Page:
• Don’t buy at drugstores. First of all, every time I go into a Bartell’s or Rite Aid I seem to encounter the most unsavory types of people. Not to mention that the lighting is terrible. Even worse,  I get suckered in to buying things I don’t need (candy, alarm clocks, pens).  In truth, I really have never been into super cheap brands. Every time I try something from a drugstore it either doesn’t look, smell, or feel right. I’m sure some of it is subconscious snobbery, but if a brand is using rare or more pure ingredients and has a specific method to creating the product (like distilling, extracting NOT just mixing), it will likely be more expensive. Creating products full of synthetics, chemicals, etc. usually aren’t that expensive. Even those “Aveeno” brands that look natural are not. Packaging (see above)  and marketing are your worst enemy when trying to find the right product. Read the fine print.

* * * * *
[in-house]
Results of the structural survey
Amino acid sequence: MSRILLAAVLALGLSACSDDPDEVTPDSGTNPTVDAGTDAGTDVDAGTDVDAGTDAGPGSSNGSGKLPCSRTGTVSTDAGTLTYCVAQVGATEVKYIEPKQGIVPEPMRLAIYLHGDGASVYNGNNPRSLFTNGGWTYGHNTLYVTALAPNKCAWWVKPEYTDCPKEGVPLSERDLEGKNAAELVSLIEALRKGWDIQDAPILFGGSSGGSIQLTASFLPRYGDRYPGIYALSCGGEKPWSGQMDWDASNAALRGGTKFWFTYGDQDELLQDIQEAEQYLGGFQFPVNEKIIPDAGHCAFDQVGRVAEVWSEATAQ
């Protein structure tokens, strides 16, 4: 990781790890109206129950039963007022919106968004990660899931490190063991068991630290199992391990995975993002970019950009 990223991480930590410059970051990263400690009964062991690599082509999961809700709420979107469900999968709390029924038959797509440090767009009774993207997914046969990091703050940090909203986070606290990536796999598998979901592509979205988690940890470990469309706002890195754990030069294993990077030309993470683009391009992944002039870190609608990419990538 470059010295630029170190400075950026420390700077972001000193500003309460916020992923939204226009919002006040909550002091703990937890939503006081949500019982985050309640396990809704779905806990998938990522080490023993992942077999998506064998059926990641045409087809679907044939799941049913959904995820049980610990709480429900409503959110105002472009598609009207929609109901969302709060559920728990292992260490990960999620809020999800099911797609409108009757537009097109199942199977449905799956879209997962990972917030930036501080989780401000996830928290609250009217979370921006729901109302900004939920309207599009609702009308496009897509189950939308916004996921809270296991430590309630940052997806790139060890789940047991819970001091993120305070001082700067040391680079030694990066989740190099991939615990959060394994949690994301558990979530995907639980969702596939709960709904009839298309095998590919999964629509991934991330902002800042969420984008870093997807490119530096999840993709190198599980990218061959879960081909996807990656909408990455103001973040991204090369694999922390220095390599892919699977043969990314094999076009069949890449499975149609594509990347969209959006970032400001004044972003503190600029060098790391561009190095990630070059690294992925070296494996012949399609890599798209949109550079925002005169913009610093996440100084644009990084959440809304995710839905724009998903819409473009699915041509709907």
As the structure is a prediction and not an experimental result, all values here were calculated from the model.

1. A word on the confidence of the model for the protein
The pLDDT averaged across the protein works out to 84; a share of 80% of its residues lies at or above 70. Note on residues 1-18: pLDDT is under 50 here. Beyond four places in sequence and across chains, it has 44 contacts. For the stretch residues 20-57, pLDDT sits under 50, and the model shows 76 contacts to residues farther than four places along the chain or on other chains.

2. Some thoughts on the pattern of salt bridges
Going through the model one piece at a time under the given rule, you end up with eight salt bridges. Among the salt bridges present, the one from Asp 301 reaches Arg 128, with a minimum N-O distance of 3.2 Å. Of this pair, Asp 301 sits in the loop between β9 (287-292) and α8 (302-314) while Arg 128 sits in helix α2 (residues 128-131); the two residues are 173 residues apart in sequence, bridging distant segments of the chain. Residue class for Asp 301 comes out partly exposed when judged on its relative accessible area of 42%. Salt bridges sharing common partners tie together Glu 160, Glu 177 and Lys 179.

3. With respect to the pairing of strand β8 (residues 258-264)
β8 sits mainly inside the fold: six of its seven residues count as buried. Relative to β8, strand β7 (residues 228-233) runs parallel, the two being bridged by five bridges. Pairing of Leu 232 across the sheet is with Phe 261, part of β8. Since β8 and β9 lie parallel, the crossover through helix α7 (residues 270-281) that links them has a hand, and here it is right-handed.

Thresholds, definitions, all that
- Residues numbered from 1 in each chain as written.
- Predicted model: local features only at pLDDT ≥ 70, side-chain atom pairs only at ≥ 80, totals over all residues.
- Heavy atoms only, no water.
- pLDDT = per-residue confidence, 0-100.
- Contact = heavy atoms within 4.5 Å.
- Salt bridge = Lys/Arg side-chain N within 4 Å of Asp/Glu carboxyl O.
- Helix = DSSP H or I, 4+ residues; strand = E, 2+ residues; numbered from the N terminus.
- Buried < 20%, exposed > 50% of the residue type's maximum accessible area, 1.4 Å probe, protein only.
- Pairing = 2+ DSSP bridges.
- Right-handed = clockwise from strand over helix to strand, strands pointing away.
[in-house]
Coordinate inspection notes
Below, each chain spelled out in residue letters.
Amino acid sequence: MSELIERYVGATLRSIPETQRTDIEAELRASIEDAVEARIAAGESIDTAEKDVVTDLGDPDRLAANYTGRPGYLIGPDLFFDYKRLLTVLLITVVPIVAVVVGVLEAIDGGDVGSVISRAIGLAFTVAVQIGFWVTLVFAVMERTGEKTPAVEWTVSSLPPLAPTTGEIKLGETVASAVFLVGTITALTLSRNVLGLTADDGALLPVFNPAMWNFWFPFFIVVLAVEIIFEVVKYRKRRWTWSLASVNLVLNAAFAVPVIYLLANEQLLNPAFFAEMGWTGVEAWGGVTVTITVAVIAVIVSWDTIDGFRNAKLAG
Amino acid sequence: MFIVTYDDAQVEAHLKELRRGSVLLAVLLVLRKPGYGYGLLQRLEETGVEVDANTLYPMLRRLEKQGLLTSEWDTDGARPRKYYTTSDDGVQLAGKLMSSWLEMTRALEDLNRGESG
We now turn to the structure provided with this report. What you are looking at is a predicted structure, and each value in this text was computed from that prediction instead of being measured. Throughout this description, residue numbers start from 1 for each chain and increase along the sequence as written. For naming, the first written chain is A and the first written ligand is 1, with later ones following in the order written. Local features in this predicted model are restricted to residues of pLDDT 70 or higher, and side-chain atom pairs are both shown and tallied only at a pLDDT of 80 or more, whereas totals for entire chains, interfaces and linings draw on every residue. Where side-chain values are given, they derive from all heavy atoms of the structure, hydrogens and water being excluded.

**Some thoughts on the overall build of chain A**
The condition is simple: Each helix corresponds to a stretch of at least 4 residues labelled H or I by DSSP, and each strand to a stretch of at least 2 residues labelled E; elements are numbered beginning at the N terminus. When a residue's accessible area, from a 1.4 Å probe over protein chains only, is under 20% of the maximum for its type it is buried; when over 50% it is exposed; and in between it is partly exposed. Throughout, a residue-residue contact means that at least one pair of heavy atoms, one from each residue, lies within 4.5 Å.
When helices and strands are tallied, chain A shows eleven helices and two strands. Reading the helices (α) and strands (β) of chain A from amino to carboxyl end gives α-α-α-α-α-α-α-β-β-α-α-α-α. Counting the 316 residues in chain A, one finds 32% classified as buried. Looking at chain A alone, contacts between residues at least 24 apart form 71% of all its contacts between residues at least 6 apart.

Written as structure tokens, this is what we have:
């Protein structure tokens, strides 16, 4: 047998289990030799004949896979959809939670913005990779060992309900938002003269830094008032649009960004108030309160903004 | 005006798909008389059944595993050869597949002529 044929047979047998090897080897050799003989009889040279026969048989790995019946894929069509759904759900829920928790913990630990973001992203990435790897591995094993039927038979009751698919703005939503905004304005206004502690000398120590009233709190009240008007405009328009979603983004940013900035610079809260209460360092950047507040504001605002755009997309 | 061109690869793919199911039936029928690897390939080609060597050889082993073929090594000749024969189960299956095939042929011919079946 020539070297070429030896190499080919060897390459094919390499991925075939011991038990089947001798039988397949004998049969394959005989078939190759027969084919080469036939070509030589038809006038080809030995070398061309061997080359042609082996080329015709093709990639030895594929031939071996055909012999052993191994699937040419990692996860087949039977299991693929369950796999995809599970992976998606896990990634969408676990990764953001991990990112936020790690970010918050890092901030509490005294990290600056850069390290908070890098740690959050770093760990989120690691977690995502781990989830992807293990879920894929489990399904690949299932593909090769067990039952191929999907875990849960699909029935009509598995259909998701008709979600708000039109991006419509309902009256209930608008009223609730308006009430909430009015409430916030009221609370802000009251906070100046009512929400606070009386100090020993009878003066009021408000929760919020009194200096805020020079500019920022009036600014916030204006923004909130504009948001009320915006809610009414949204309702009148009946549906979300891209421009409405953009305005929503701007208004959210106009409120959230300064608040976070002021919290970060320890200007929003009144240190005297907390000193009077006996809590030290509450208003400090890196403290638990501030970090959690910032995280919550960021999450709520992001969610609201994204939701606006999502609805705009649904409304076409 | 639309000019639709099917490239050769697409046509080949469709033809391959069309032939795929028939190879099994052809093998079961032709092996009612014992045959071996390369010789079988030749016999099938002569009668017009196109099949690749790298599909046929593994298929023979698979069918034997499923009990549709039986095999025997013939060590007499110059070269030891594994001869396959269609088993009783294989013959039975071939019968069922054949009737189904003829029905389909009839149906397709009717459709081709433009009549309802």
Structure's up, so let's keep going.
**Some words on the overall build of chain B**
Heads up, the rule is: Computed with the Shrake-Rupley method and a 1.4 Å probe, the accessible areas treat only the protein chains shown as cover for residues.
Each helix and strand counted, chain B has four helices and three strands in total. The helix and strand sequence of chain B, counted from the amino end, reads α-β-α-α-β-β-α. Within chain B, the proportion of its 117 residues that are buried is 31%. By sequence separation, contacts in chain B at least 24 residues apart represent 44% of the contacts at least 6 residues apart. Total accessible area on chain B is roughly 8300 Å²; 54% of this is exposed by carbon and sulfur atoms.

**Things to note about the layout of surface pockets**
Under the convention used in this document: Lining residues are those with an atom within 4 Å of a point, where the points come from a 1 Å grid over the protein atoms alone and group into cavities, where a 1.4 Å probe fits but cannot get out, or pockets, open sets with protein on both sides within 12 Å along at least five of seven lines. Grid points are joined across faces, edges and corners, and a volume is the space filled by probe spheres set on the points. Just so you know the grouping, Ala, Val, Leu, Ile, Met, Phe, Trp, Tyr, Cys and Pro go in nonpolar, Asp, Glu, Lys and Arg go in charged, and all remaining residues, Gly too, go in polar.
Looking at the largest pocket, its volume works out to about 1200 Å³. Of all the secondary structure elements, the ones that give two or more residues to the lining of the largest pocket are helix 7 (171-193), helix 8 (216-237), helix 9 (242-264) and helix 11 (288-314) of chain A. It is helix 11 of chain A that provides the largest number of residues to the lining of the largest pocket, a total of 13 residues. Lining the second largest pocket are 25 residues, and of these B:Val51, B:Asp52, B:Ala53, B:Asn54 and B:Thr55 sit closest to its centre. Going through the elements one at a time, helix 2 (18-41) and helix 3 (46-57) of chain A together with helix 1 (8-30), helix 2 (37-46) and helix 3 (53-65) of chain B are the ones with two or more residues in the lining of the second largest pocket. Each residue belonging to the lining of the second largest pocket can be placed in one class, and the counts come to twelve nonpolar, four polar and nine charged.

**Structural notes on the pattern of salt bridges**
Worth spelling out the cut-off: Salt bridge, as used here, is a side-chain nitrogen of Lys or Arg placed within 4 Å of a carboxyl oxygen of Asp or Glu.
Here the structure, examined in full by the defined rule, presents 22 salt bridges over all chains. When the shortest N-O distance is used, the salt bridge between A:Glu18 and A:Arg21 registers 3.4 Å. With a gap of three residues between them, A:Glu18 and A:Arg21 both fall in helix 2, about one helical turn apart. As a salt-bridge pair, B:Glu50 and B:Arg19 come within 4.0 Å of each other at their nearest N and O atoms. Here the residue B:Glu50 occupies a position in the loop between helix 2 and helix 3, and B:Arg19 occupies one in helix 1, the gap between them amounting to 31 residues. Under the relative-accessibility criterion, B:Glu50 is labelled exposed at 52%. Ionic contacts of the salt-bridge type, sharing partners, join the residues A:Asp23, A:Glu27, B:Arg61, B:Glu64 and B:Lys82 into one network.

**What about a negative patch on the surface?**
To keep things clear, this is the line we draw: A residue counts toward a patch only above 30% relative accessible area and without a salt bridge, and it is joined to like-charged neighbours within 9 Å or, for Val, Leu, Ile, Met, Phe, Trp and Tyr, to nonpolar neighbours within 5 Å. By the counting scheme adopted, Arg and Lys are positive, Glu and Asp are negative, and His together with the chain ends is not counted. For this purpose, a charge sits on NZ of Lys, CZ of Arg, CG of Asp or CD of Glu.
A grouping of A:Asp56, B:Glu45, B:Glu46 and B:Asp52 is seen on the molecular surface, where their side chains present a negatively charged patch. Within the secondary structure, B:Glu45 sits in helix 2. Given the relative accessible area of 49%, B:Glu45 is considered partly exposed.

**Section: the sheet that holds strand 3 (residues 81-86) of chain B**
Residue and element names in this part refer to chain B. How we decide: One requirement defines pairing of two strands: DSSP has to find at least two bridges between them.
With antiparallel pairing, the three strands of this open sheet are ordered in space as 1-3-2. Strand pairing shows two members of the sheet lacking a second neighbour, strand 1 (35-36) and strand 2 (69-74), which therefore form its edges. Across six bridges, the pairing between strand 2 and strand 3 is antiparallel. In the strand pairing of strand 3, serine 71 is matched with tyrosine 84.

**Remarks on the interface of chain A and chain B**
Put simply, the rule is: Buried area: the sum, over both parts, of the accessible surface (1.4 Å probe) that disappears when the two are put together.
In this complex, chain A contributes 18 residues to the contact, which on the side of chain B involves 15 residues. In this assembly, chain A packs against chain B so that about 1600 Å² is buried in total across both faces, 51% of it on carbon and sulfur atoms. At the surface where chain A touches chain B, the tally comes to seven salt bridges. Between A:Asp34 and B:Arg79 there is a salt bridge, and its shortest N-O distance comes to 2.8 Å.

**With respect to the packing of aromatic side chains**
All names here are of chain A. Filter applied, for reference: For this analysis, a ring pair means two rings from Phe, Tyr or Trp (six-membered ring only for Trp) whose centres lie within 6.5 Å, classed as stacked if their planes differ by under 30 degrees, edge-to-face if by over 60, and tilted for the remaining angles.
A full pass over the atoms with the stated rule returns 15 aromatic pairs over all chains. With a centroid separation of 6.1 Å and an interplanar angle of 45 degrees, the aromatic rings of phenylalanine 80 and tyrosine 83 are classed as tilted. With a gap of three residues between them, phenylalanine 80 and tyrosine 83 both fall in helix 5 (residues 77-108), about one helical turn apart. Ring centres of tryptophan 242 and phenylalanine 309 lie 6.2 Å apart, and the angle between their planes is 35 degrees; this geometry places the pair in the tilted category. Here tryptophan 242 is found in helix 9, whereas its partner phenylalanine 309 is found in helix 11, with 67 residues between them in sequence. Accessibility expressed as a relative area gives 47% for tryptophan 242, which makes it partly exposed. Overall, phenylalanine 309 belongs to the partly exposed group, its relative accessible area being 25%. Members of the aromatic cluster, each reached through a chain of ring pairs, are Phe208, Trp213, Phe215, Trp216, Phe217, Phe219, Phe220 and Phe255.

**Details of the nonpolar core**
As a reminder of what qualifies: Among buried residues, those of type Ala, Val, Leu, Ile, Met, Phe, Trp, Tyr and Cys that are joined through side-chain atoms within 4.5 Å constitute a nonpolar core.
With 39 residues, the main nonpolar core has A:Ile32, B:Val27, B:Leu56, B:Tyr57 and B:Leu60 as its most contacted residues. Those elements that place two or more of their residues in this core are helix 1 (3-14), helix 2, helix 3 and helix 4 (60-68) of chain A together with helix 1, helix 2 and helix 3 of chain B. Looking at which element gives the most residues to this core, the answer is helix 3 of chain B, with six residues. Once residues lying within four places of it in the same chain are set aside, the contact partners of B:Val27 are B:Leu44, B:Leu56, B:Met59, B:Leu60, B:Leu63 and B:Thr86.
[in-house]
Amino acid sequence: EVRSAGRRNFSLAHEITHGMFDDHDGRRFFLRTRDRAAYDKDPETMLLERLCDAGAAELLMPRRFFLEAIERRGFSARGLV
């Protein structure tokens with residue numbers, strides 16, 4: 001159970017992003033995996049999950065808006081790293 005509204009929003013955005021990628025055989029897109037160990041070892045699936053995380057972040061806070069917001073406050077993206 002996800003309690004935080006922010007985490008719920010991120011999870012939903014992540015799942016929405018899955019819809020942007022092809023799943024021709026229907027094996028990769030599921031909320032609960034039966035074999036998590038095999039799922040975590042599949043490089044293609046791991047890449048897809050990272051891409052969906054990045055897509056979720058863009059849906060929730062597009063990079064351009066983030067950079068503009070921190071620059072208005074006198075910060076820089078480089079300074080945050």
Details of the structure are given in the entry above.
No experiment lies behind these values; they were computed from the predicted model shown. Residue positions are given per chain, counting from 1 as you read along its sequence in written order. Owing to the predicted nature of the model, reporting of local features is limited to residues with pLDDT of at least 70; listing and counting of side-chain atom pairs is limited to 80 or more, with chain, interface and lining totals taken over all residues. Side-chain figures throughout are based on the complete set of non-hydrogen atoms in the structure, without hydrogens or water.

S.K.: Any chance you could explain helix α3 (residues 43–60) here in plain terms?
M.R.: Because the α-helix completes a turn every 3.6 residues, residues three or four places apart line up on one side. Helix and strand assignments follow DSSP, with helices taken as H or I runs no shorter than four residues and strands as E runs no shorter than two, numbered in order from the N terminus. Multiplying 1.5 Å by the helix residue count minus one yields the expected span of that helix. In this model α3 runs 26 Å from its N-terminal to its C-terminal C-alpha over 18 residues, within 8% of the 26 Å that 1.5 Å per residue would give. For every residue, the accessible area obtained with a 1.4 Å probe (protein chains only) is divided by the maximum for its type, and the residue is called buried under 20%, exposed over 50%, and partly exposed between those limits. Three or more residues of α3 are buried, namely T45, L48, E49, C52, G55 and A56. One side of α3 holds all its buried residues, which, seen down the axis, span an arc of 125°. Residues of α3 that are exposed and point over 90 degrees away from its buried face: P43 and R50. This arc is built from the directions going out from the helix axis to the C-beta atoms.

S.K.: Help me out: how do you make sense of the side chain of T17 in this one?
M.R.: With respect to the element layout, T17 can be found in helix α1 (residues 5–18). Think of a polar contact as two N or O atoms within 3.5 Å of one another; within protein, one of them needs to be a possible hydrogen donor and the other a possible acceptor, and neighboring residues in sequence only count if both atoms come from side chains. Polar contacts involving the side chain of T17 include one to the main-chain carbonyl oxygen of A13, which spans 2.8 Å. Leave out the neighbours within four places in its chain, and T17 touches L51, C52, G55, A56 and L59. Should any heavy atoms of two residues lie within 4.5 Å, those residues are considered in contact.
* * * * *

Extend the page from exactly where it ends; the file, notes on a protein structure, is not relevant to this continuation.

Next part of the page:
• Be wary of gimmicks. I don’t buy products specifically targeted to anti-aging. I think taking care of your skin (i.e. not sleeping w/ makeup on at night) body (working out and eating healthy), and good old fashioned genes (e.g. Lady babe Helen Mirren), are the key variables. Unfortunately you can’t do much about the last one, but the other two you can. My issue with anti-aging is a lot of the “magical  fountain of youth remedies” are  chemically based OR are really harsh on the skin. If I were you I’d stick products that are (1) as natural as possible, (2) as gentle as possible, and (3) are made to target your specific skin needs (in my case it’s hydration).
  • Find a salesperson you trust & stick with them: At Nordstrom in downtown Seattle, I bee-line it to my gal Michele. I trust her with all things beauty. And she’s adorable and not sales-y. My man Anderson at Barney’s in downtown Seattle is amazing. He’s not only a lovely person, but he is really passionate about beauty. And he is all about free samples. Sephora is great too, but sometimes your go-to person isn’t working. But always very helpful and friendly…and how could you not be when surrounded by glorious products all day!